Developers, Technology Evangelists, Bros.

Why To Use the Repository Pattern

I felt it was time to update and clarify some previous thoughts on the use of the Repository pattern.

Previously, I had indicated that a Repository did not provide much benefit, as ORMs act as a Repository. Although true, I had a very specific context in mind when saying this – anemic domain models. When you’re working with anemic domain models, a Repository does add another layer of unnecessary complexity.

So, when can adding a Repository add value?

When you have complex business rules and logic, and more specifically within Domain-Driven Design. In DDD, the concepts of a bounded context describe segregating related entities and their associated business logic into a collection of related classes containing rich object-oriented behavior. The class hierarchy and public methods of your entities allow you to contain and precisely dictate how others interact with the objects. These controlled interactions with the domain can then ensure all invariants have been resolved.

In the above code, a Person could be created without a First or Last Name. In fact, a Person can even be created without a Name. The second example below shows an alternate approach, where the creation and and update of a Person is controlled, preventing a Person from being created or updated without both a First and Last Name.

So what does this have to do with Repositories?

In DDD, bounded contexts are charged with maintaining complex states with completely resolved invariants. Because your bounded context is really just a collection of richly-interacting classes, you need a way to ensure any changes in your bounded context are persisted to your database.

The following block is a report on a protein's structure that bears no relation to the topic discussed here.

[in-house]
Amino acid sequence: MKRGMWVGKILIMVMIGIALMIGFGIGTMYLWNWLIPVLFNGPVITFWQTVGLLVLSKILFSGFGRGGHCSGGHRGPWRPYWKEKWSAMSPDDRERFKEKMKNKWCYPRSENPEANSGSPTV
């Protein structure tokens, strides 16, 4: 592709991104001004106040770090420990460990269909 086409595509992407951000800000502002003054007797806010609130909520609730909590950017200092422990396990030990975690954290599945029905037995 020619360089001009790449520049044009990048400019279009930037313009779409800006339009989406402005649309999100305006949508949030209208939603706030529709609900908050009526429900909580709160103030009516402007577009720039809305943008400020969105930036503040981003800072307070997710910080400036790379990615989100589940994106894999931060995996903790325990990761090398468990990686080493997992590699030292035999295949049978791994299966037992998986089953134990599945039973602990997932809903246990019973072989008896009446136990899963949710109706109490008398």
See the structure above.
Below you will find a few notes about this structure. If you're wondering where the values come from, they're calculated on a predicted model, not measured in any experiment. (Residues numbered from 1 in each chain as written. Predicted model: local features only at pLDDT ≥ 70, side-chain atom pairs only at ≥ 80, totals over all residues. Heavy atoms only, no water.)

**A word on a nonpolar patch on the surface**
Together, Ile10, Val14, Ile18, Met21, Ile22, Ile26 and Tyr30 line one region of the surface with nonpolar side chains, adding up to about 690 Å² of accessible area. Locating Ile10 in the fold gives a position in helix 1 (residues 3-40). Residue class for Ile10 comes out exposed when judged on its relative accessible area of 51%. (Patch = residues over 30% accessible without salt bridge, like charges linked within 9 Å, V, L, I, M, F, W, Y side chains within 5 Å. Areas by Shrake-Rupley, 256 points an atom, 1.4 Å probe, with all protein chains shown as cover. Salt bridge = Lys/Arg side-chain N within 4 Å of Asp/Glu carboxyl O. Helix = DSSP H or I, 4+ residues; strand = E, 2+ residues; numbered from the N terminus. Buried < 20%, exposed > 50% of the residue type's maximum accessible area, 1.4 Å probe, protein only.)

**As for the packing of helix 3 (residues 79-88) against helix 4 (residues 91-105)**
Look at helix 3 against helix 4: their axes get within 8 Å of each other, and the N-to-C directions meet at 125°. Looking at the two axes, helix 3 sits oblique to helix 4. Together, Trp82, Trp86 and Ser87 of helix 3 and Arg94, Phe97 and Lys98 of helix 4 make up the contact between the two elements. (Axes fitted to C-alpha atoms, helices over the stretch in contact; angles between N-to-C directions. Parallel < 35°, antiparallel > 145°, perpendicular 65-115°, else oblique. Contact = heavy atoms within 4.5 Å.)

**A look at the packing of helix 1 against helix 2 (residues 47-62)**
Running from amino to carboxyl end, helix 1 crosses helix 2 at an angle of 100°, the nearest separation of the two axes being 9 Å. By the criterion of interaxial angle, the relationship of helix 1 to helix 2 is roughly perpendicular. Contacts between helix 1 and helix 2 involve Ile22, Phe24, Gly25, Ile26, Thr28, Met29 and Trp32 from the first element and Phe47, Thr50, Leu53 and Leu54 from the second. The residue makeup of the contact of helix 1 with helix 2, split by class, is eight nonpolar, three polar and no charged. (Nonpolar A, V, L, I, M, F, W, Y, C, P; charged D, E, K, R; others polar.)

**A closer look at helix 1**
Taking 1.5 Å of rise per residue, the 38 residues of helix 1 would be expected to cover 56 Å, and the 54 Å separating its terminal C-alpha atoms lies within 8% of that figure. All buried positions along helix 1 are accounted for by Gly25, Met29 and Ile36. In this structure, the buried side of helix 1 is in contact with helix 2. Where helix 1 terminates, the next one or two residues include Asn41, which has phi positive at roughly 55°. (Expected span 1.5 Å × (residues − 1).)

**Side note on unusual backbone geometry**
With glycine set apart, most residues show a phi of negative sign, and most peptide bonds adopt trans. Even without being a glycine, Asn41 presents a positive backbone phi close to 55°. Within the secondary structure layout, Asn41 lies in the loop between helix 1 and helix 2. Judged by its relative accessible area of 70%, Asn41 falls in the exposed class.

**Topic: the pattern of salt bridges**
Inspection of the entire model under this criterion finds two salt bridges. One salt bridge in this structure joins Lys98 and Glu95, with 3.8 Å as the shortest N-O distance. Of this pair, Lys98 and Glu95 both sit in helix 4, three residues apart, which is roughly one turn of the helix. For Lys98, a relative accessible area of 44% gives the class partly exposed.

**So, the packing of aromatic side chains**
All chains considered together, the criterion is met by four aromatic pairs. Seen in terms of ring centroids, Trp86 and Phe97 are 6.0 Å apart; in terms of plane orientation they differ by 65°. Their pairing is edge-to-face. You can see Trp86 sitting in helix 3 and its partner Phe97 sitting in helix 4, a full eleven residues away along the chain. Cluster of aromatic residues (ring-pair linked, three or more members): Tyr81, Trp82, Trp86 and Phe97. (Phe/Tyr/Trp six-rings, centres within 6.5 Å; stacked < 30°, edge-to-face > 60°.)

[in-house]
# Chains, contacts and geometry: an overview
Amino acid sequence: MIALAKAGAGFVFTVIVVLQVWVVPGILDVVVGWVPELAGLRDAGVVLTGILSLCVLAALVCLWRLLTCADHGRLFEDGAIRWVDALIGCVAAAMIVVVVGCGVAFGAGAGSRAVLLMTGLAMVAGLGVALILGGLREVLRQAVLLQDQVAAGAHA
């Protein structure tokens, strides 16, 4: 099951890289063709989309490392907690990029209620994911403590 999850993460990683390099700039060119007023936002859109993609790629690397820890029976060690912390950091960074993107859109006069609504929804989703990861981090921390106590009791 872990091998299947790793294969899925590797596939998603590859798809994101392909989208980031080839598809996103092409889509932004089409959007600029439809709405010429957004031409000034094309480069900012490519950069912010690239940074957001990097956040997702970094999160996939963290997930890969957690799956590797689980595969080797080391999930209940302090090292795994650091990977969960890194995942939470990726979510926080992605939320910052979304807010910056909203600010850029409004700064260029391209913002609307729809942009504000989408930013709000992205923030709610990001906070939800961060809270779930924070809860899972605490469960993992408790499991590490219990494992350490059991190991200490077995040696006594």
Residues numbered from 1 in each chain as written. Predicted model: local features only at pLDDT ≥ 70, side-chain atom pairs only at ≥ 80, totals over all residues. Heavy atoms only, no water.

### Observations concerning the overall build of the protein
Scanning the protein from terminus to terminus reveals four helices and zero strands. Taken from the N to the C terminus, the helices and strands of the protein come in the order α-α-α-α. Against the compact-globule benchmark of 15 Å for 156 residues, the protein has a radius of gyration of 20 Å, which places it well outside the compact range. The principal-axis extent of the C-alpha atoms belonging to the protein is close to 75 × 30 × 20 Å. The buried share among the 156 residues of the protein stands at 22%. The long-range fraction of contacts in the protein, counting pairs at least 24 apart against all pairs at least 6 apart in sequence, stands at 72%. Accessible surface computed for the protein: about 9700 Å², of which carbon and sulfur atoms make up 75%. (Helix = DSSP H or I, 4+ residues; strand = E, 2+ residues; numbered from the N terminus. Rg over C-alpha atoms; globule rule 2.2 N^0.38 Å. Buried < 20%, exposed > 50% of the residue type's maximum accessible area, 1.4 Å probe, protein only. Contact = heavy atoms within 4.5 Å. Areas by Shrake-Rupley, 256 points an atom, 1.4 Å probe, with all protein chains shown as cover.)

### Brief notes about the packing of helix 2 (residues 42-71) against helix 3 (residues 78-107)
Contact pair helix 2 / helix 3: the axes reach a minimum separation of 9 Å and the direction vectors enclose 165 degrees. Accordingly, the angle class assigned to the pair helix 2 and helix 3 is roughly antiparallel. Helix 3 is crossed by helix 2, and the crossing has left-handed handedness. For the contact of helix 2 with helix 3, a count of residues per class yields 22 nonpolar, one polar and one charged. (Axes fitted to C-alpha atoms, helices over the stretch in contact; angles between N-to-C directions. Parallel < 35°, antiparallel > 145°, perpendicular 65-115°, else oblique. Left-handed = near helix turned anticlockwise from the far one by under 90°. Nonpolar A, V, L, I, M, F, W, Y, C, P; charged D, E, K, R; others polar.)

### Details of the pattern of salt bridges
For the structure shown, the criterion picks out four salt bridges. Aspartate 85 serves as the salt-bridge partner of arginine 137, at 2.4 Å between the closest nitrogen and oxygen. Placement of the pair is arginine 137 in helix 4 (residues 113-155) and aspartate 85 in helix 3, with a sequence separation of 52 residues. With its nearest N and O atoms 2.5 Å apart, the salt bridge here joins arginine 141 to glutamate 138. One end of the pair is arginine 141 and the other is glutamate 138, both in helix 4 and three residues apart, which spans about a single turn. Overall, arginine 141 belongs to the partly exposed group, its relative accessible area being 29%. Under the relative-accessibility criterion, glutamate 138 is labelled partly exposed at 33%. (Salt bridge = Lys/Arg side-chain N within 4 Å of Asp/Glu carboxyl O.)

Enter the Repository.

Within the concept of a bounded context, you can have separate groups build your bounded contexts and your object persistence layers. This is a great opportunity for the Repository to be responsible for detecting changes in your bounded context and persisting them properly (and at the same time, within the same transaction). The Repository also enables your domain architects not need to be ORM persistence experts (they should probably know about ORM/object persistence; however, they don’t have to be the expert).

Unlike the Repository<T> that has FindById() and a generic Update() method for every entity within your bounded context, I prefer my bounded context Repository to retrieve and persist object graphs.

This should provide more clarity around previous comments, but I’m sure I’d still love to hear from you.


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